I set up a Pi-Hole about a month ago. What a wonderful use for an old Pi 2B I had kicking around. Apparently, it will run on a Pi Zero, too.

        66% of almost 20,000 DNS lookups got no further than my Pi-Hole in the last 24 hours. They really make browsing for the whole network a lot faster, and I never see an ad on any device.

        If you have an unused Raspberry Pi sat in a drawer, dig it out, and go for it.

  8. Doctor Syntax Silver badge

    "By preventing the use of interest-based ads, this bill will result in more ads, more paywalls, and less content,"

    Actually the best way to interest-base an ad would be to place it on a web page whose content is directly related to the product being advertised.

    From the advertising industry's PoV this has the massive disadvantage of lacking lucrative, allegedly value-adding services which they can sell. The fact that it might provide the client with a better result is irrelevant.

    1. A.P. Veening Silver badge

      Interest based ads

      My problem with interest based ads is that those ads invariably are for products I just bought and won't need again for at least another year.

      1. dajames Silver badge

        Re: Interest based ads

        My problem with interest based ads is that those ads invariably are for products I just bought and won't need again for at least another year.MMy problem with interest based ads is that those ads invariably are for products I just bought and won't need again for at least another year.

        Really? The ones I see are mostly for products that I researched and then decided not to buy because they were obviously crap.

    2. Sanctimonious Prick
      Childcatcher

      @Dr S

      Damn right!

      Before all this (online) tracking started, advertisements relevant to the content was the norm.

      Back then, if I did a search on bicycles, then went out and bought one in Stanmore, I wouldn't see advertisements for the next three weeks about bicycle sales.

      1. NuffSed?
        Facepalm

        The business model is what exactly?

        If I had a product to sell, the last person I want to advertise it to is the person who is least likely to buy it. Old Brit saying.. "Like selling coal to Newcastle" springs to mind.

        TBH, I think I would be very annoyed if someone pitched that advertisement model at me. Marketeers marketing marketeers' markets... (credit Grand-daughter for that one) or something like that.

        Still, I suppose, it's a tax deductible expense at the end of the day to get brand recognition for the fashion conscious unimaginative and perhaps brain-dead fanbois amongst us.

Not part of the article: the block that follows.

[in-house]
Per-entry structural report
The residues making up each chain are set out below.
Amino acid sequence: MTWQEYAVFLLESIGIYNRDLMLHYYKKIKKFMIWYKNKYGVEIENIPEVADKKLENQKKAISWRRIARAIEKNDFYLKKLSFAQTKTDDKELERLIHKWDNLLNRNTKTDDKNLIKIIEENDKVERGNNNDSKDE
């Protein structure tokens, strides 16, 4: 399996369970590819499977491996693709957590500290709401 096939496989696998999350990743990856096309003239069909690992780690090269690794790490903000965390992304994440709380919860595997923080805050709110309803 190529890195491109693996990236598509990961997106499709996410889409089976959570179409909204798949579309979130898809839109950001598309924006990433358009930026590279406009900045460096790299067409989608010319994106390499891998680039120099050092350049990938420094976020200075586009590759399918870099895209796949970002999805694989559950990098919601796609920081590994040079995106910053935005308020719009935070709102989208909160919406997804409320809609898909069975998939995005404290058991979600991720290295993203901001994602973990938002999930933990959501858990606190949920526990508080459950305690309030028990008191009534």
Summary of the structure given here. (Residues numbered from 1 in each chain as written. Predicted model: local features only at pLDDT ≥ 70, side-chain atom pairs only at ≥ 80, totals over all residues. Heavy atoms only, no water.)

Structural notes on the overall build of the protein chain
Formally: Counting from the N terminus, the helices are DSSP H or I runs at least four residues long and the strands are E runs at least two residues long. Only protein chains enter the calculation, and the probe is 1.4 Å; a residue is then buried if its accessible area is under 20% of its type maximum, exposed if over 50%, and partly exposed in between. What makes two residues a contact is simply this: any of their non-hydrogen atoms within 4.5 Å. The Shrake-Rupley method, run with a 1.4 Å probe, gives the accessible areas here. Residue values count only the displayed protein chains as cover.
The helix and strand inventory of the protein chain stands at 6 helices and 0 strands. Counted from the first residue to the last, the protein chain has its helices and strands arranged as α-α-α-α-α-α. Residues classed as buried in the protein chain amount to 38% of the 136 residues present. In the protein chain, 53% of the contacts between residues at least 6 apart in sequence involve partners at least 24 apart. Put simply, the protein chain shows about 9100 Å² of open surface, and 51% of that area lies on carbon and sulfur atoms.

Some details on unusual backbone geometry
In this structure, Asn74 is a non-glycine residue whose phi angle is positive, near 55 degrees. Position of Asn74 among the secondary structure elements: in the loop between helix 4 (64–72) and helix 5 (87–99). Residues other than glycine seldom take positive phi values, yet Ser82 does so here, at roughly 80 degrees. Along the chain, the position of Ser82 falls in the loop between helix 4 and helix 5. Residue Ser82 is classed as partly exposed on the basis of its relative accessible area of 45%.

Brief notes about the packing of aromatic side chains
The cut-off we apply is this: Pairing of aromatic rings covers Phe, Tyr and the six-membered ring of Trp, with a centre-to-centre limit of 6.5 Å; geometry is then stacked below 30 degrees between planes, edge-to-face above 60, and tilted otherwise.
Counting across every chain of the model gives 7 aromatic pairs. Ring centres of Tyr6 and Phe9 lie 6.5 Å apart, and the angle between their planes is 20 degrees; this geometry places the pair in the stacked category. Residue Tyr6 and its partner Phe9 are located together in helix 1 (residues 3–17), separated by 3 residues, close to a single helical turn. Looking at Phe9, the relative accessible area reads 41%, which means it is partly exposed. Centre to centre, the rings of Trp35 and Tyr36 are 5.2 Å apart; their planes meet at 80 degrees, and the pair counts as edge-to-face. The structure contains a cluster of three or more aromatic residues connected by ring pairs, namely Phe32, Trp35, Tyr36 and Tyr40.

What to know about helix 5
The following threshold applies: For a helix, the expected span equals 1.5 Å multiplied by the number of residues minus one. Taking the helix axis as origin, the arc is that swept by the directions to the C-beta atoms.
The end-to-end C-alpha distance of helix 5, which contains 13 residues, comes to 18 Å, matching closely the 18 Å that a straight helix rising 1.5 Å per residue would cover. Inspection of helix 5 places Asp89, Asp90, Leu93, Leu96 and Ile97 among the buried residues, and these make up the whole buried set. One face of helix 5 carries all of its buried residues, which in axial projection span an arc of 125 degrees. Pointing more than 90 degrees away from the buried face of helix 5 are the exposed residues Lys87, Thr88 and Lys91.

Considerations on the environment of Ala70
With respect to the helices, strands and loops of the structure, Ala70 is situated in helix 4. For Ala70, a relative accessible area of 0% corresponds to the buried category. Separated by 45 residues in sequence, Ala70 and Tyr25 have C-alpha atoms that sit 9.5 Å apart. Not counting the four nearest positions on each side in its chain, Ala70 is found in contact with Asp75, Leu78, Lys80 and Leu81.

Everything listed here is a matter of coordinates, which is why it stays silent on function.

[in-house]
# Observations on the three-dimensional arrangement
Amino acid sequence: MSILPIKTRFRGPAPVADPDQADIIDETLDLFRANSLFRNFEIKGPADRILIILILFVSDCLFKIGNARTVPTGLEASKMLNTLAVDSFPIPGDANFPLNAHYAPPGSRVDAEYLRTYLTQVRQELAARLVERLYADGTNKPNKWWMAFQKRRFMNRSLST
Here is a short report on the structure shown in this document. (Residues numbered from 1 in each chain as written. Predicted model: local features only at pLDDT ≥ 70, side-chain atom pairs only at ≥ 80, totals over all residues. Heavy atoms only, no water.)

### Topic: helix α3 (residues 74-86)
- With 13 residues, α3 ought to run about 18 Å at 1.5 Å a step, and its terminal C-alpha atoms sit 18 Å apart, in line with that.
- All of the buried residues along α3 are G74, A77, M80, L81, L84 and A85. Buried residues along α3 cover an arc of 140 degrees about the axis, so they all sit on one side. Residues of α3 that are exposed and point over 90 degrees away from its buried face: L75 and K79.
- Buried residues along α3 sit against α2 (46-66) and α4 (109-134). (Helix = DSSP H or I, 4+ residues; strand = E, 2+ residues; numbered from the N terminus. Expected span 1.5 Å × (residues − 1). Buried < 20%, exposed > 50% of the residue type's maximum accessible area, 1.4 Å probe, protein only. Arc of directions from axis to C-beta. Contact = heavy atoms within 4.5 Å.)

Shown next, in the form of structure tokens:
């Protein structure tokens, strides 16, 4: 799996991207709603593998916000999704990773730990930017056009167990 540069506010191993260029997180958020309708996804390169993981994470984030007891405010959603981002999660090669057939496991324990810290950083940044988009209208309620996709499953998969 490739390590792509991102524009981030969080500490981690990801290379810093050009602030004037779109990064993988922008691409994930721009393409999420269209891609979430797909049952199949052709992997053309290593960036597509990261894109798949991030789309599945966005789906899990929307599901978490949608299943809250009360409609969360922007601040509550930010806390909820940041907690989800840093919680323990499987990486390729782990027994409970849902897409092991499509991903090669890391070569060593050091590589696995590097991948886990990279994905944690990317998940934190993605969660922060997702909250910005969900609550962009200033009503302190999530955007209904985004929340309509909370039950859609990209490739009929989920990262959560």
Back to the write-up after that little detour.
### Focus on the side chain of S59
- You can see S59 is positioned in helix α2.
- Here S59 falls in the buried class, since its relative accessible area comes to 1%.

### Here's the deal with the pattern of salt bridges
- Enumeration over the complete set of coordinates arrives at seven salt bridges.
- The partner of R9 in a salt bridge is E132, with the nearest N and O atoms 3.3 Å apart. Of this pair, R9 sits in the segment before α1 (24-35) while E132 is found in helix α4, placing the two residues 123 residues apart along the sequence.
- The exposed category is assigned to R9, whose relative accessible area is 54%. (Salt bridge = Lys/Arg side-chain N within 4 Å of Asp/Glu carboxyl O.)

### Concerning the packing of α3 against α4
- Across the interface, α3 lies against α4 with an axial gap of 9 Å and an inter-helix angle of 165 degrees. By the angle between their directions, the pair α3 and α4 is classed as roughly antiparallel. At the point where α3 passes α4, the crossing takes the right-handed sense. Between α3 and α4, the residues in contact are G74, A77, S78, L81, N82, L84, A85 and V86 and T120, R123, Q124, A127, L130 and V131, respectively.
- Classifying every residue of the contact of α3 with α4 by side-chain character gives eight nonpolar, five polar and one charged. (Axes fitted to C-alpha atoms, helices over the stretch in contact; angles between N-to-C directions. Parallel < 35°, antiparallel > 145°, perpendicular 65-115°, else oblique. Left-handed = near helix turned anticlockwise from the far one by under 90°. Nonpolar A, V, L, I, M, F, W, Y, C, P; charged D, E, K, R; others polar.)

Strange world we live in in. Can someone let me off now?

    3. LDS Silver badge

      The reason is it will give far more value to the "content owner" - the site that would display ads, than to "ads brokers" siphoning data from other - often irrelevant - sources.

      So, for example El Reg would have much more value to companies willingly to display IT/geek/nerd ads than DoubleClick or Facebook - and broker would be forced to share far more of the profits with content owners - exactly what they want to avoid.

  9. Evil Scot

    Basically Google, Facebook are breaking the law in the UK, Germany

    Placing code onto a computer for the purpose of gaining access to the machine at a later date.

    Securing access to a computer system without the permission of the owner.

    Can we lock up the directors for five years.

  10. Wade Burchette

    I would like to add something to the bill

    I would like to add something to the mandatory "do not track" legislation: Ban all autoplay videos except when I click on a clear link to a video. And the same for autoplay audio.

  11. SotarrTheWizard
    Trollface

    Track me all you want. . . .

    . . . . for 50% of the gross, not net, revenue you derive from my data. Don't want to pay me ? Zero Tracking.

  12. Claverhouse Silver badge

    "By preventing the use of interest-based ads, this bill will result in more ads, more paywalls, and less content"

    Just like the demented argument of ad-things that using adblockers works against you and is SELF-HARMING, as ads will have to get even worse to compete.

    .

    Although it's difficult to see what difference that makes to you if you have an ad-blocker.

    1. JohnFen

      "as ads will have to get even worse to compete."

      Personally, if we had more ads but none of them tracked me, I would consider that a great improvement over what we have now.

    2. A.P. Veening Silver badge

      as ads will have to get even worse to compete.

      I only started blocking ads when it got so bad I couldn't stomach it any more. Now I am wondering why I didn't get myself a Pi-Hole much sooner.

  13. 404

    Between Facebook & Google...

    .. there is no way it makes it into law with any teeth whatsoever... as per usual.

  14. simonb_london

    Governments

    How about bringing our governments that track us online to justice?

    1. Anonymous Coward
      Anonymous Coward

      Re: Governments

      The government IS justice. Sovereign Immunity and all...